(2) There was an apple core in the bin when I arrived on Monday. Please ensure that Rashmini understands these facilities are not hers to use.
(3) Kindly liaise with Rashmini over which of you is responsible for disposing of dead flowers.
I call DHL hoping to hear Michael Jordan’s voice. I listen to “Ain’t No Mountain High Enough” for 32 minutes.
I suggest that the least used kitchen items, i.e. wine glasses, be moved to the least accessible part of the cupboard i.e. top left-hand side.
I believe that I have suggested this before.
Shit, I feel bad now. I shouldn’t have touched your phone.
Can we drop it?
He slaps his knee. It was insensitive and thoughtless.
I let these words ring in my ears for a moment.
What would be helpful is for you to let me read.
He beams. That’s it. I’ll cover you. He looks like a CIA agent gone to seed. I’m serious. He jabs a finger at my book. What’s that, 300 pages? Nobody’s talkin’ to you for the next four, or what, five hours. Just men, or is it women too?
I pull my lips back to show my gums, but he is unperturbed.
You go on with your business. I’ll stand guard.
He orders a plate of onion bhajis. I eat five. He doesn’t comment until the last morsel is gone.
So, you don’t mind if I talk to other girls?
I laugh, by accident, then choke on the permission I hadn’t meant to grant.
I saw The Mousetrap, best show ever. I’ll tell you who dunnit! He pauses, testing the threat, then grins. Nah, I wouldn’t want to ruin that for you.
My date is seventy minutes late. I catch a few sympathetic looks from women at the next table.
There’s nothing to be done now — my Julie was unconvincing, my Susan lacked oomph.
I turn my body towards my companion. Was it good?
I’m a long distance lorry driver. Got my kids through school, chuh, the ones who won’t even talk to me.
He reeks of loneliness and beer. I can tell he has been eating pork scratchings.
I’m about ready to go home. I’ll take you to The Mousetrap though.
No thank you.
The stamp residue puckering my tongue must show in my face, because he chuckles.
If I could make your life just one percent happier, you know I would? C’mon, let me take you to The Mousetrap. I’ll buy you breakfast.
I fix him with a look intended to make him hear himself.
I am choosing to believe you’re harmless, I say.
He laughs and takes a swig of his beer.
I am harmless, but I’m still a man, and don’t you forget it.
I reach for my phone. He peers over my shoulder, pleased at our new intimacy. He assumes I’m asking for his number.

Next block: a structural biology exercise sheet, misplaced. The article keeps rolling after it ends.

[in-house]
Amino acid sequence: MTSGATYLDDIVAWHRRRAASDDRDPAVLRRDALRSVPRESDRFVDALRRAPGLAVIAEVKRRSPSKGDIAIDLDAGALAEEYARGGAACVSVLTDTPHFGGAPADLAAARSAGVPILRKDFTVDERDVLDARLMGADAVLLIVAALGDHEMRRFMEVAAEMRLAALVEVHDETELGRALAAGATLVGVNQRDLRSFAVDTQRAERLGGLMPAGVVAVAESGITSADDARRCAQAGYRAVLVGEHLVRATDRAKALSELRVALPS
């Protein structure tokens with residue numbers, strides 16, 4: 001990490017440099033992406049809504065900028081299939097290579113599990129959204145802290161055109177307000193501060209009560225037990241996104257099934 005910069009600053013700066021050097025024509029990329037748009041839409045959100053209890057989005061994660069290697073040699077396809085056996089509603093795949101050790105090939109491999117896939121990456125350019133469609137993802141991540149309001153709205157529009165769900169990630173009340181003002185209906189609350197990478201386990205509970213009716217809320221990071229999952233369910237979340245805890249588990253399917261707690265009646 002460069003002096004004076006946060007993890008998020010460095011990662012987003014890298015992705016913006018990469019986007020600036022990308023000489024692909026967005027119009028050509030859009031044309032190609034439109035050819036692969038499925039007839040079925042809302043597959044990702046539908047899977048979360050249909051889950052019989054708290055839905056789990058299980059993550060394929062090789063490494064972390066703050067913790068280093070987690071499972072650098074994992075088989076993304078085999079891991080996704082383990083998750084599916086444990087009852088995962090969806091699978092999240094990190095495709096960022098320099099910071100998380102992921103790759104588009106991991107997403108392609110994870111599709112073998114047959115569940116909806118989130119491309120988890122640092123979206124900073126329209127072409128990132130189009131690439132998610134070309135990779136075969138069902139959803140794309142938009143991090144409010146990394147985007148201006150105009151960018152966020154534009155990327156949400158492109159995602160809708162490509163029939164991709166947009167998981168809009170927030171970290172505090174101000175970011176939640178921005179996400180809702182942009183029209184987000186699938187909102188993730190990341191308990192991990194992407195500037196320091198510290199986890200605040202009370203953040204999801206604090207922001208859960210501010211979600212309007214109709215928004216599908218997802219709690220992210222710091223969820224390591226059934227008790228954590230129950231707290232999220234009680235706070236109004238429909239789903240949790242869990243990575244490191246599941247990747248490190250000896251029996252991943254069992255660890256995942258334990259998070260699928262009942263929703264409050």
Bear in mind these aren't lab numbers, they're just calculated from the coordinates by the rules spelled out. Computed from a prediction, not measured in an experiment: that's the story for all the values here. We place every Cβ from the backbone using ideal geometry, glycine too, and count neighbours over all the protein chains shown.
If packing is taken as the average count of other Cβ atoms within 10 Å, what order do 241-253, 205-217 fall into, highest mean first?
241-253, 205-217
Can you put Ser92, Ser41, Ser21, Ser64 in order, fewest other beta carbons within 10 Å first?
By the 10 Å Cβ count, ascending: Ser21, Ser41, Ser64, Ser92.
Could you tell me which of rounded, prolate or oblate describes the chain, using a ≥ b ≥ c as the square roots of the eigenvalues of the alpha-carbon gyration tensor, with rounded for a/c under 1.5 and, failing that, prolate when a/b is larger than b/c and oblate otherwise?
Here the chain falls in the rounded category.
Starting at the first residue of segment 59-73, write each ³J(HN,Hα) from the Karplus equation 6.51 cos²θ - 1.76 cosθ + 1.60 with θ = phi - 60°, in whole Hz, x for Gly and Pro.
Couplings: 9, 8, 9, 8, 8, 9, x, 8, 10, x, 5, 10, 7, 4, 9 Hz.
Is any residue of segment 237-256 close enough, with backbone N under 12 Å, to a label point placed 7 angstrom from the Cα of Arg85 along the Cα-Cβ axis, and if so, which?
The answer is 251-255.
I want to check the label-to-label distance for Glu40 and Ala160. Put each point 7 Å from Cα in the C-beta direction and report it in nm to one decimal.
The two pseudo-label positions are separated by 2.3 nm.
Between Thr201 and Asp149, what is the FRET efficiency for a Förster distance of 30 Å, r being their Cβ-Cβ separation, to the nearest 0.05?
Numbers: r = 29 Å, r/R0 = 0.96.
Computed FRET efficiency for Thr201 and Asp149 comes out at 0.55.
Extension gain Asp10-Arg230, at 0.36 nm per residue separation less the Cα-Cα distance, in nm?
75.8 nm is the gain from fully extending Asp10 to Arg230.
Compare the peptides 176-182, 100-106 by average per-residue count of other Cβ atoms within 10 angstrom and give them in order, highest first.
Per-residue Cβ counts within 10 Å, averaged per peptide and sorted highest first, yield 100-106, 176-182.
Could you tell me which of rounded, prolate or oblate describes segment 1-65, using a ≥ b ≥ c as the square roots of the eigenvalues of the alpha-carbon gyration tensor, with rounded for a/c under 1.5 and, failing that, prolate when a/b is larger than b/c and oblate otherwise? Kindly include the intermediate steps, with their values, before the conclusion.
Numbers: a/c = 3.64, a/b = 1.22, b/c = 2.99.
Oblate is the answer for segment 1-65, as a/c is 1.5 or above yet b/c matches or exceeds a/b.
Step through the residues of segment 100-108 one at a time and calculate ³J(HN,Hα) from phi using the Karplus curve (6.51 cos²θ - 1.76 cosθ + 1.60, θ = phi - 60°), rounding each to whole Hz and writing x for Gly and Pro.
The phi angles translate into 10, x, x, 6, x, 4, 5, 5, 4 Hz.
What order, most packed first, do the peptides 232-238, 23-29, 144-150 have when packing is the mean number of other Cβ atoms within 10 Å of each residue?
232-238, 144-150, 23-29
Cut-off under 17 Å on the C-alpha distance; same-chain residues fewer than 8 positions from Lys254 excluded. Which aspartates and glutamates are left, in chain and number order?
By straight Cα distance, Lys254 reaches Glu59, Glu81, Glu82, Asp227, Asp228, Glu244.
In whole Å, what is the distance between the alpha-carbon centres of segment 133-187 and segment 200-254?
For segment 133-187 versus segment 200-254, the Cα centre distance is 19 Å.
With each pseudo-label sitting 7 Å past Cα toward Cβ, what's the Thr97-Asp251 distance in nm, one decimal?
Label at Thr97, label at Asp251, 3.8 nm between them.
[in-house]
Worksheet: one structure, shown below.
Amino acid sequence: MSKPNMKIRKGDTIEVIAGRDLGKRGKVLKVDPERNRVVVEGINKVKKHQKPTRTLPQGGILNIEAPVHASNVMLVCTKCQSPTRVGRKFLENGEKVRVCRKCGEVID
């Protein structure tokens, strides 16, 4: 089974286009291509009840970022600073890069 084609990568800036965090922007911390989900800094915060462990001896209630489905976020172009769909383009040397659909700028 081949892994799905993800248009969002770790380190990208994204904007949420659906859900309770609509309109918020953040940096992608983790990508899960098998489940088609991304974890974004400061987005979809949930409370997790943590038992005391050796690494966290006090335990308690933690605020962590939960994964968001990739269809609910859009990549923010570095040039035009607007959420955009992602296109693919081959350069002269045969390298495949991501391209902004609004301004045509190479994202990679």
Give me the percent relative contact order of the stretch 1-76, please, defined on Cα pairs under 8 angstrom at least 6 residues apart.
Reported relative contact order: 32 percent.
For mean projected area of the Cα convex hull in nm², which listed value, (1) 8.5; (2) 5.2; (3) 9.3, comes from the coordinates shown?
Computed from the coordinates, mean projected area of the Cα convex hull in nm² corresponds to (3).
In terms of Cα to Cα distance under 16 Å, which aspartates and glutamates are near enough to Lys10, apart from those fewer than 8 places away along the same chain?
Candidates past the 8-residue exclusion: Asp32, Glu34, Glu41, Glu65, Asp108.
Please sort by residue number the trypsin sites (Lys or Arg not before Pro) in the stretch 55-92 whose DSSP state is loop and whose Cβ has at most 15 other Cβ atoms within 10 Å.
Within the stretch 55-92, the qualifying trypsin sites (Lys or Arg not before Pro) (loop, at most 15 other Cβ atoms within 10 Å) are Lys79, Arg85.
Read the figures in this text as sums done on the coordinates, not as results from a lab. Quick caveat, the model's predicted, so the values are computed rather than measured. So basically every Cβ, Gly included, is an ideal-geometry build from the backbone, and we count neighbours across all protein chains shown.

It’s 0 – 7 –
I let him go on, knowing that what men hate most is to find themselves captured. Once Phil found himself in one of my notebooks, in an entry in which I was describing a dish of fish baked with chermoula and medjool dates, and ran it under the tap. Worse than my presumption to describe him, as if I had a sense of him other than his own, was that I’d kept it from him. Mr Blythe does not like to hear his emails read back; instead he performs keyhole surgery, asking me to repeat the exact moment of suspected imprecision and then cutting in.
One day, after work, I wait until six for Rashmini to appear. I have filled the bowl with toffees wrapped in bright pink foil. She is talking quietly to a man. He follows her up the stairs, nodding gravely. When Rashmini notices me, she jumps and drops the hoover, putting a hand to her chest where her heart must be pounding. The man looks panicked but Rashmini laughs and tugs on his sleeve. He has eyes like a doe. She pushes him forward, gently. He reaches out a hand to shake mine.
Kian, she says, and he shakes my hand, repeating, as if to confirm it, Kian.
His hand is warm and rough; I shake it, then do not know what to do with myself, so I hold out the bowl of toffees in both of mine.
I ask if my title can be changed from secretary to PA “in recognition of my consciousness.” It would give me gravitas. I sit frozen for five minutes, but Lucinda doesn’t answer. She sticks a post-it to my laptop screen while I’m in the bathroom.
Mr Blythe prefers the term secretary. I would expect “consciousness” to be a given in any employee. As such, it does not deserve acclaim.
For breakfast Phil eats a single red pepper and a glass of Crush which provides all the minerals the body needs. I eat toast after he leaves for work. Each piece is a festival. Crunchy peanut butter and raspberry jam. Tahini, marmite, crushed rose petals.
The man orders panipuri. And two more of these!
I’ll have a glass of wine.